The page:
• Entrepreneurs and business community at the Indigenous Business Month event held Tuesday 25th October. Photo:Joseph Mayers (33 Creative)Source: 33 Creative
The second annual Indigenous Business Month, an initiative of the MURRA Indigenous Master Class Program, is about to come to a close and this week a panel was held to discuss the unique position that Aboriginal and Torres Strait Islander entrepreneurs and business people hold in the business 'game'.
By
Emily Nicol

29 Oct 2016 - 12:32 PM  UPDATED 1 Nov 2016 - 11:10 AM

Hosted by 33 Creative, an Aboriginal media, communications & events company, the 'Celebrating Leadership' event held at Customs House in Sydney brought together members of the Indigenous corporate and media sector to acknowledge the successes and challenges faced by Indigenous businesses and share wisdom that has been learnt along the way. 

On the discussion panel was Marlee Silva, the inaugural Co-CEO of AIME, Rod Little the Co-Chairperson of National Congress of Australia's First Peoples, Steve Satour, Director of Iwara Travel company and Kristy Masella, CEO of the Aboriginal Employment Strategy (AES).

MC Mayrah Sonter opened up the discussion with Rod Little, who shared his knowledge  about the values of Indigenous businesses. Creating a support network and meeting challenges were key points. Little told NITV that there are strengths that only an Indigenous business can offer to the mainstream. 'Indigenous entrepreneurs' have "unquestionable passion and commitment to not just self growth and wealth, but to their peoples, culture and communities." His advice to any Indigenous person wanting to get in to business is simple. "Trust your judgements. Explore possibilities and learn from mistakes," adding that a network is equally important. "Reach out to brothers and sisters in business to support and receive support. Meet the fears of starting up a business head on."

Steven Satour, Director of Iwara Travel shared his experiences of starting up his own business in the tourism sector, a dream he has had since he started working in the industry as a teenager. When asked why he loves what he does, Satour shared several reasons. "Getting to learn about other countries and cultures all across Australia, seeing how we are the same, different and connected both traditionally and in today's world. Also seeing visitors perspectives and understanding of Indigenous Australia shift positively is really rewarding."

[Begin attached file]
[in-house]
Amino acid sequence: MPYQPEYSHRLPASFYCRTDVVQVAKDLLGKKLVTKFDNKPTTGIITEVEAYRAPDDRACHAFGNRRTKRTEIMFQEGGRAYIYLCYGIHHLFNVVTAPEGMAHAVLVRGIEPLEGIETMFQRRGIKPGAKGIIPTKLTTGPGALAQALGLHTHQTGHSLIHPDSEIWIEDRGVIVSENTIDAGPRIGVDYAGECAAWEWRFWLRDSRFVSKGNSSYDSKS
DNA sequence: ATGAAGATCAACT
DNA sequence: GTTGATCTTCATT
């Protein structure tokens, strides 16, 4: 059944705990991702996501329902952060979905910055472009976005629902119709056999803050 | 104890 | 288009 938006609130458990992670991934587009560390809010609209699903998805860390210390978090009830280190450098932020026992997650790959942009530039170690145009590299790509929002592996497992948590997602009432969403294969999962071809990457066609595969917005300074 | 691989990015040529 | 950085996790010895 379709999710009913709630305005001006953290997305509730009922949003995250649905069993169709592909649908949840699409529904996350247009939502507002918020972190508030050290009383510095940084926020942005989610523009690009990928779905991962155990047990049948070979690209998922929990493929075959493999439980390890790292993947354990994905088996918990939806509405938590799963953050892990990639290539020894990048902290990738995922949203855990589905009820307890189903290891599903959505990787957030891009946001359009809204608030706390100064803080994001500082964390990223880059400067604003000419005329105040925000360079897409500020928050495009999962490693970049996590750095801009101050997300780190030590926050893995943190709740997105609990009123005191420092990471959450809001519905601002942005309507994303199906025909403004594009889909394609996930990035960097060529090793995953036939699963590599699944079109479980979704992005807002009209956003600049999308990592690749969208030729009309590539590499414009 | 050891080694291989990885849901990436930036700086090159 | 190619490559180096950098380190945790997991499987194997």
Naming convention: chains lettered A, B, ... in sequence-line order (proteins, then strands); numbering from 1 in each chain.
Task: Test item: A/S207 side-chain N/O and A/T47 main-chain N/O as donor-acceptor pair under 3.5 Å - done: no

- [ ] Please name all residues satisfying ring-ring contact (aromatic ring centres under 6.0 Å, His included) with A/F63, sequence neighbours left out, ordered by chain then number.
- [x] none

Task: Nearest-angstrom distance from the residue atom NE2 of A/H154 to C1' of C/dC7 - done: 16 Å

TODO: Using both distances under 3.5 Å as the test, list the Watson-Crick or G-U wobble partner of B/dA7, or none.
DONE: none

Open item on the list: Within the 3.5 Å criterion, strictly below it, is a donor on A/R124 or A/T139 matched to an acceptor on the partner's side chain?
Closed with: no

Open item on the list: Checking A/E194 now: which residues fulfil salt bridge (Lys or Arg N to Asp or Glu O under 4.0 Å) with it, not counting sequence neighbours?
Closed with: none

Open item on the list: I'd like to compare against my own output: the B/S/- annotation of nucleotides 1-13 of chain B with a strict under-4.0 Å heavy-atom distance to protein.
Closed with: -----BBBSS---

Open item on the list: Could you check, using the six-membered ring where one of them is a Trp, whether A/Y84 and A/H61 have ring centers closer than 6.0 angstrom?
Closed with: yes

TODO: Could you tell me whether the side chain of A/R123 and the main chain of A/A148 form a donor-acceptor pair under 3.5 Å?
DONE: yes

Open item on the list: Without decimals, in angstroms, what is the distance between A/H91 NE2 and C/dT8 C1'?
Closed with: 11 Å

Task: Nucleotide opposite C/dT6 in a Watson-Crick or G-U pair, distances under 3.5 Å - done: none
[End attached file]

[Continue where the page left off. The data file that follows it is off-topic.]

Getting to learn about other countries and cultures all across Australia, seeing how we are the same, different and connected both traditionally and in today's world. Seeing visitors perspectives and understanding of Indigenous Australia shift positively is really rewarding.

Satour added that the biggest lessons both personally and professionally since starting his own business have been centred around intention. "I've learnt that not everyone will be on board with my vision and that's ok. The journey and emotion of personal and professional life almost become one. Also to be clear about your intention for whatever it might be - meetings, phone calls, emails etc, if you cant be clear and articulate it, you are wasting time."

He credits a gratitude practice as a great tool for the inevitable challenging times, with advice for any budding entrepreneurs. "When it gets tough, remember why you do what you do. For every setback and for every win, practice an attitude of gratitude  because there is always a lesson to be learned. Even on the days when all you can be grateful for is that you woke up."

The challenge is out on community, how to develop a hunger to start to thinking entrepreneurially. - Michelle Evans

Director of 33 Creative and MC Mayrah Sonter, told NITV that the event was a great success. "We were really happy with the turnout, seeing a cross section of businesses come together and talk about and celebrate leadership in the business space. I do feel like the conversation has progressed since the first event 12 months ago. There wasn't much talk about the Indigenous procurement policy, which was big last year."

We have been doing business for tens of thousands of years. And this is a strength we can draw on.

For Sonter, there were some points and issues raised which will enable more and more success for those existing businesses to grow and for those who are wanting to 'understand the game'.

"Having an Indigenous business is an advantage. You are uniquely placed to bring services and products to the mainstream that is not at a deficit. We have been doing business for tens of thousands of years. And this is a strength we can draw on. But we also need to support each other on the journey to continue to flourish."

To find out more about Indigenous Business Month head here. And check out the Murra Program here.